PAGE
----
August 08, 2006

Life of a Sales Person

The life’s blood of every enterprise is sales. How much do you know about the sales professionals that keep our economy alive? Accountants say they spend too much on expenses. Marketing says they are just order takers. Engineering says the product sells itself. Management thinks they are little more than a shoeshine and a smile.

Sales professionals provide both the fuel and the lubrication that keeps our economy running smoothly. They create wealth and then make the adjustments needed to go to the next level. They take the hits and keep things moving. They are the eyes and ears of every business. You have to make the time to work in the field to appreciate the skill required to produce the top line of an income statement. Here are some of the things you will discover.

All days begin early. Sales people are morning people first and foremost. Even in trades that begin later in the day, they work the details till the customers can see them. They also work late in the day, because the customers do so as well. Physical stamina is a job requirement. They often beat the commuter traffic by being ahead of it in the morning and after it in the evening.

Appointments are made on the run. Calls are returned and problems solved or addressed between meetings. Notes are always scribbled. Paperwork is always late, so that they are always on time. They have no need to consult a database for information. It’s all there in short term memory and in great detail. Sale professionals know more about their customer’s business than the customers do themselves. Most of what they know should not be entered in the customer’s records.

What kind of person can do this job? Those that don’t play well with others are often a good fit. Sales is a lonesome business. Self reliance in the face of adversity is a requirement. Selling is not a team sport. It is one on one, with no group showers at the end of the day. It is not a game for the faint at heart because the box score is published for all to see each week, month and quarter. These are the people that actually make the quarters.

Why Incentives
Why must sales professionals be paid on incentives? High risk must earn high rewards. How would you like it if ninety five percent of everything you did every day didn’t work? That’s a good day for someone in sales. Mental toughness is a given, big or small, male or female, it comes with the territory.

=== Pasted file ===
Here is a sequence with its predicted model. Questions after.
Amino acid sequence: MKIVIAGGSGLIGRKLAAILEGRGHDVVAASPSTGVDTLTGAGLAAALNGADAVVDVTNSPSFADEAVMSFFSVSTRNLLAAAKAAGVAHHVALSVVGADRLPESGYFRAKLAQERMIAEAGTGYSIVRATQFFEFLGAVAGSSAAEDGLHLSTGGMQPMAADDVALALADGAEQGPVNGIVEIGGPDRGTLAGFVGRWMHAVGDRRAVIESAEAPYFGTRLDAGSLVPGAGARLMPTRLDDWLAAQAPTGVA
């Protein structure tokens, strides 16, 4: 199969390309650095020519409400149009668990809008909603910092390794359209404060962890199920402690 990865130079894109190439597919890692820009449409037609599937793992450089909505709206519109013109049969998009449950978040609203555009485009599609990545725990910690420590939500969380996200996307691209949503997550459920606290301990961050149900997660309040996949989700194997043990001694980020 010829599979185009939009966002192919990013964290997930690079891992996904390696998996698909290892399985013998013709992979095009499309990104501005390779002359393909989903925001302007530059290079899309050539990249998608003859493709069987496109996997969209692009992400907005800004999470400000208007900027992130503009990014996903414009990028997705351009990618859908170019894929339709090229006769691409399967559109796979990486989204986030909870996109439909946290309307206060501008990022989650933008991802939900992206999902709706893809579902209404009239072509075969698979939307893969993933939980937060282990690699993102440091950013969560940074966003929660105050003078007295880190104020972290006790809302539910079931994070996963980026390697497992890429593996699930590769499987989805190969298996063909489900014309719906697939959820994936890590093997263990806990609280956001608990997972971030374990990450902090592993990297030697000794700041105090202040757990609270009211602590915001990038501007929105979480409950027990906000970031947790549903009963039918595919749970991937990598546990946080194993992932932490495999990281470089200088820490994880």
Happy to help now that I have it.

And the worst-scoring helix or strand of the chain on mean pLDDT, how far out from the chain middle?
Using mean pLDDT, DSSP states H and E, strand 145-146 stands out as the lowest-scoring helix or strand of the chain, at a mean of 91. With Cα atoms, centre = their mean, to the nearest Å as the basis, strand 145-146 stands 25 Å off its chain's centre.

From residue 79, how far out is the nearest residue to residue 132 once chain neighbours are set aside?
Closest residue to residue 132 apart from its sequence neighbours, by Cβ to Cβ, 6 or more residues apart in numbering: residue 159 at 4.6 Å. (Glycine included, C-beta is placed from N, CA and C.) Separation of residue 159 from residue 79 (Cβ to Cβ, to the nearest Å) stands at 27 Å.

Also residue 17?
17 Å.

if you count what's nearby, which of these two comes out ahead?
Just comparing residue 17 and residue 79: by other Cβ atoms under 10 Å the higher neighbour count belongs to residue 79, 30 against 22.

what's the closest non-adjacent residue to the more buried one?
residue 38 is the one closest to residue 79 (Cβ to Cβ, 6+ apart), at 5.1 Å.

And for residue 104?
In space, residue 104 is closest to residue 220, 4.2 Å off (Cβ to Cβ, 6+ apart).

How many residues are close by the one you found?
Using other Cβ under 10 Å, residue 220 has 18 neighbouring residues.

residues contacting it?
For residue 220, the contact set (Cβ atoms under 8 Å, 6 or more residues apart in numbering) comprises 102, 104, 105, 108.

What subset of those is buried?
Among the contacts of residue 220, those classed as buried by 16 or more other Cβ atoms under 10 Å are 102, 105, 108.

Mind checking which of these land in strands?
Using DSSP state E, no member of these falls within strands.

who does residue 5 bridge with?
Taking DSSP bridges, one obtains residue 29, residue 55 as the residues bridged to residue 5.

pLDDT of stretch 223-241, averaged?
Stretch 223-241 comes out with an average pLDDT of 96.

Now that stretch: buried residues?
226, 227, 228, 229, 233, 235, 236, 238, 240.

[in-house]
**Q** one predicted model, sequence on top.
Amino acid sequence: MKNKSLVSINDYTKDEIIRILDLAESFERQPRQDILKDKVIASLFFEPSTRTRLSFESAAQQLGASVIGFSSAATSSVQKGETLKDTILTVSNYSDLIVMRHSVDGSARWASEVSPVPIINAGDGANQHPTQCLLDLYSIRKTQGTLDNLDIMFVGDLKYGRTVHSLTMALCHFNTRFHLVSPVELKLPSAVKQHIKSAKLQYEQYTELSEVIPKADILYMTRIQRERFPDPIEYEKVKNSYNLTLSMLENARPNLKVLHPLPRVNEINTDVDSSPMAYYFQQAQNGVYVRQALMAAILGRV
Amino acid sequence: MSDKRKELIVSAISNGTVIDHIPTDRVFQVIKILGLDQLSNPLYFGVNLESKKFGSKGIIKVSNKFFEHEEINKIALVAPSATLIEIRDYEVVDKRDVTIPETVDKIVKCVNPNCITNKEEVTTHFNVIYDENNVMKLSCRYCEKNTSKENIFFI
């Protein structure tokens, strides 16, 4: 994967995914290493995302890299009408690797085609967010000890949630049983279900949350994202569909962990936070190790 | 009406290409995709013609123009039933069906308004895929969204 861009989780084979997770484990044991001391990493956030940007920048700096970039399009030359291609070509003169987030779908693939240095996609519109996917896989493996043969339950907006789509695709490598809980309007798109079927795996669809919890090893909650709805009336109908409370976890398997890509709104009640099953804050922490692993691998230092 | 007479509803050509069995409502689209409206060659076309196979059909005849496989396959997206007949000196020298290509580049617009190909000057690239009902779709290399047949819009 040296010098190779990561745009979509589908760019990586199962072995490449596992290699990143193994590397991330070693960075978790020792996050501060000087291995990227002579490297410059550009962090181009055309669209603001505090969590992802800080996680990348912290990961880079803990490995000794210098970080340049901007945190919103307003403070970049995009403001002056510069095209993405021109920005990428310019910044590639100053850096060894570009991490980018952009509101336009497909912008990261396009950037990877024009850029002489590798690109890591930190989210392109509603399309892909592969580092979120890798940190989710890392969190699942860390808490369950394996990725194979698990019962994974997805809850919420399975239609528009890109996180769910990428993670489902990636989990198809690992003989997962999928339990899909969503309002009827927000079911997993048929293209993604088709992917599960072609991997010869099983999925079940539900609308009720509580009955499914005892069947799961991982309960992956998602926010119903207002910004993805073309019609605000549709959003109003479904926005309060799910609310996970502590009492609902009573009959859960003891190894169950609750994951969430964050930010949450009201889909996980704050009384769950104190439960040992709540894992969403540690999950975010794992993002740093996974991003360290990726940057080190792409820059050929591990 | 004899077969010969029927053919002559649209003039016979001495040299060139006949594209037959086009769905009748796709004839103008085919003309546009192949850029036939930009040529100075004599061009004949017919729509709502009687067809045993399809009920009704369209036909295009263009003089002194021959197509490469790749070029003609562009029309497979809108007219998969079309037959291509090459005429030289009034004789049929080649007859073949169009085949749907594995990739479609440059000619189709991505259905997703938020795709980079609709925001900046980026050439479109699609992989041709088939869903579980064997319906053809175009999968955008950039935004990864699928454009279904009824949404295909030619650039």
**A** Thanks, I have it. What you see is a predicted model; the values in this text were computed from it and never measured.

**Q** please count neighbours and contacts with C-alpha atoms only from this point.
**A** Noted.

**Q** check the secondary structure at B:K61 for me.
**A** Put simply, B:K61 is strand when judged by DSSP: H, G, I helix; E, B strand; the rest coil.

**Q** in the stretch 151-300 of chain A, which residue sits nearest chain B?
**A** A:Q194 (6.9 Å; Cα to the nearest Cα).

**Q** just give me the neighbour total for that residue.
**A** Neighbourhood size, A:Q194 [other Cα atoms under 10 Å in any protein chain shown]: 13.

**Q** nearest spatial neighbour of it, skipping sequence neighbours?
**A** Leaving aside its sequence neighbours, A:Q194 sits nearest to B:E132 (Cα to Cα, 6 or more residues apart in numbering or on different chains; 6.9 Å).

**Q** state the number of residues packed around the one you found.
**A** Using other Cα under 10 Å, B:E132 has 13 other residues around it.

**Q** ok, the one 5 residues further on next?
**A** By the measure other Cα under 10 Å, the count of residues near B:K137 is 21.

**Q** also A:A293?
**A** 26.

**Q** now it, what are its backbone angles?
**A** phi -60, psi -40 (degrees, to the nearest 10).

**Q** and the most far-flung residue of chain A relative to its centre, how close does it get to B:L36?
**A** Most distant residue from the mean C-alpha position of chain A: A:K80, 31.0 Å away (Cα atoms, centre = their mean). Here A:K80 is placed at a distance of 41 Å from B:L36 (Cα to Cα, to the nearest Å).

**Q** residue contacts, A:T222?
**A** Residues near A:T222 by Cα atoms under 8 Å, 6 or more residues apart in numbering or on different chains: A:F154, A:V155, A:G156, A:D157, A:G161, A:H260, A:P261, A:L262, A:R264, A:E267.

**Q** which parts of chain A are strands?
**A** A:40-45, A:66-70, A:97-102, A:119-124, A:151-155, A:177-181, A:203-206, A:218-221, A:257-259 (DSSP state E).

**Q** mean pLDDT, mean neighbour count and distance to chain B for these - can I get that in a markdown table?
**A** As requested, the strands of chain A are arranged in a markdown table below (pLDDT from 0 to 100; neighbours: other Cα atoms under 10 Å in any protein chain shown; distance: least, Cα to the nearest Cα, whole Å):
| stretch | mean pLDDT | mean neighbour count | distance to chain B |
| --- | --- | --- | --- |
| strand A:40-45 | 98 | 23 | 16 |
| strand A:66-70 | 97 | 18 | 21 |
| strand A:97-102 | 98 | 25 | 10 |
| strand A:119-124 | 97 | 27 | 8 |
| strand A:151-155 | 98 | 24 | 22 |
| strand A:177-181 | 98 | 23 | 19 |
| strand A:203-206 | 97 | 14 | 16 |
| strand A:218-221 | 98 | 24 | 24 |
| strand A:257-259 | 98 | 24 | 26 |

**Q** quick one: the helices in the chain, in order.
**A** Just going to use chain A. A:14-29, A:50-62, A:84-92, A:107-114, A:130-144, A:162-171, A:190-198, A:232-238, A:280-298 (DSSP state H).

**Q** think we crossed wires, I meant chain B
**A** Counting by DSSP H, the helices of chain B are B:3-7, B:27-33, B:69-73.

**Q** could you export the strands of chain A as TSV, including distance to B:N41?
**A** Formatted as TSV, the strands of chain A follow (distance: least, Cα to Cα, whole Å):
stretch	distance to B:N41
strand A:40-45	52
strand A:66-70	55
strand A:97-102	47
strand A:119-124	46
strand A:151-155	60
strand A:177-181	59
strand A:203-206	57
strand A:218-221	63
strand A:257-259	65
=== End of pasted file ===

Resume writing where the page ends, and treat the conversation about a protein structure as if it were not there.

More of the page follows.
If all this is true, what should be done to manage this function? First, do no harm. Second, realize that everything possible should be done to support the process of bringing in business. Rules must be flexible within reason. Truth and ethics are absolutes, but policies and procedures are not. What will it take, is the question? Get the business first and work out the details second. To manage the people who manage this is not easy. A sound night’s sleep is not part of a sales manager’s job.

Is it any wonder that sales is not understood by cubical dwellers? Sales is outside of all organizational norms by necessity. Sales is in the world of the customer. The rules are different in each situation. The sales professional must first learn the rules both written and unwritten for each customer and then must take the products and services they bring to market and some how, some way, get things to work together for the benefit of all, while making the numbers profitably.

The toughest competitor faced by all sales people is an international concern named Status Quo Inc. How do you get things to move? How do you get those reluctant to change, to change? How do you get someone to take the next step? What should be the next step? Too small a step will take forever. Too big a step will stop the process. Step by step, account-by-account, day-by-day, each situation must be moved forward or all human progress will grind to a halt. This is the field the shakers and movers must play on. There is no school for all of this. The lessons are taught and learned face to face with suspects that must be qualified to prospects that must be converted to customers.

Working with the best of the best in the field, makes all this self-evident. One sales professional in a previous career spent ten years as a professional football player in the NFL. He said that the hits he took as a linebacker were less frequent and less severe than the hits he takes each business day of the year in sales. He says this with a knowing smile and a quick glance down reveals a shoeshine like glass!


No comments: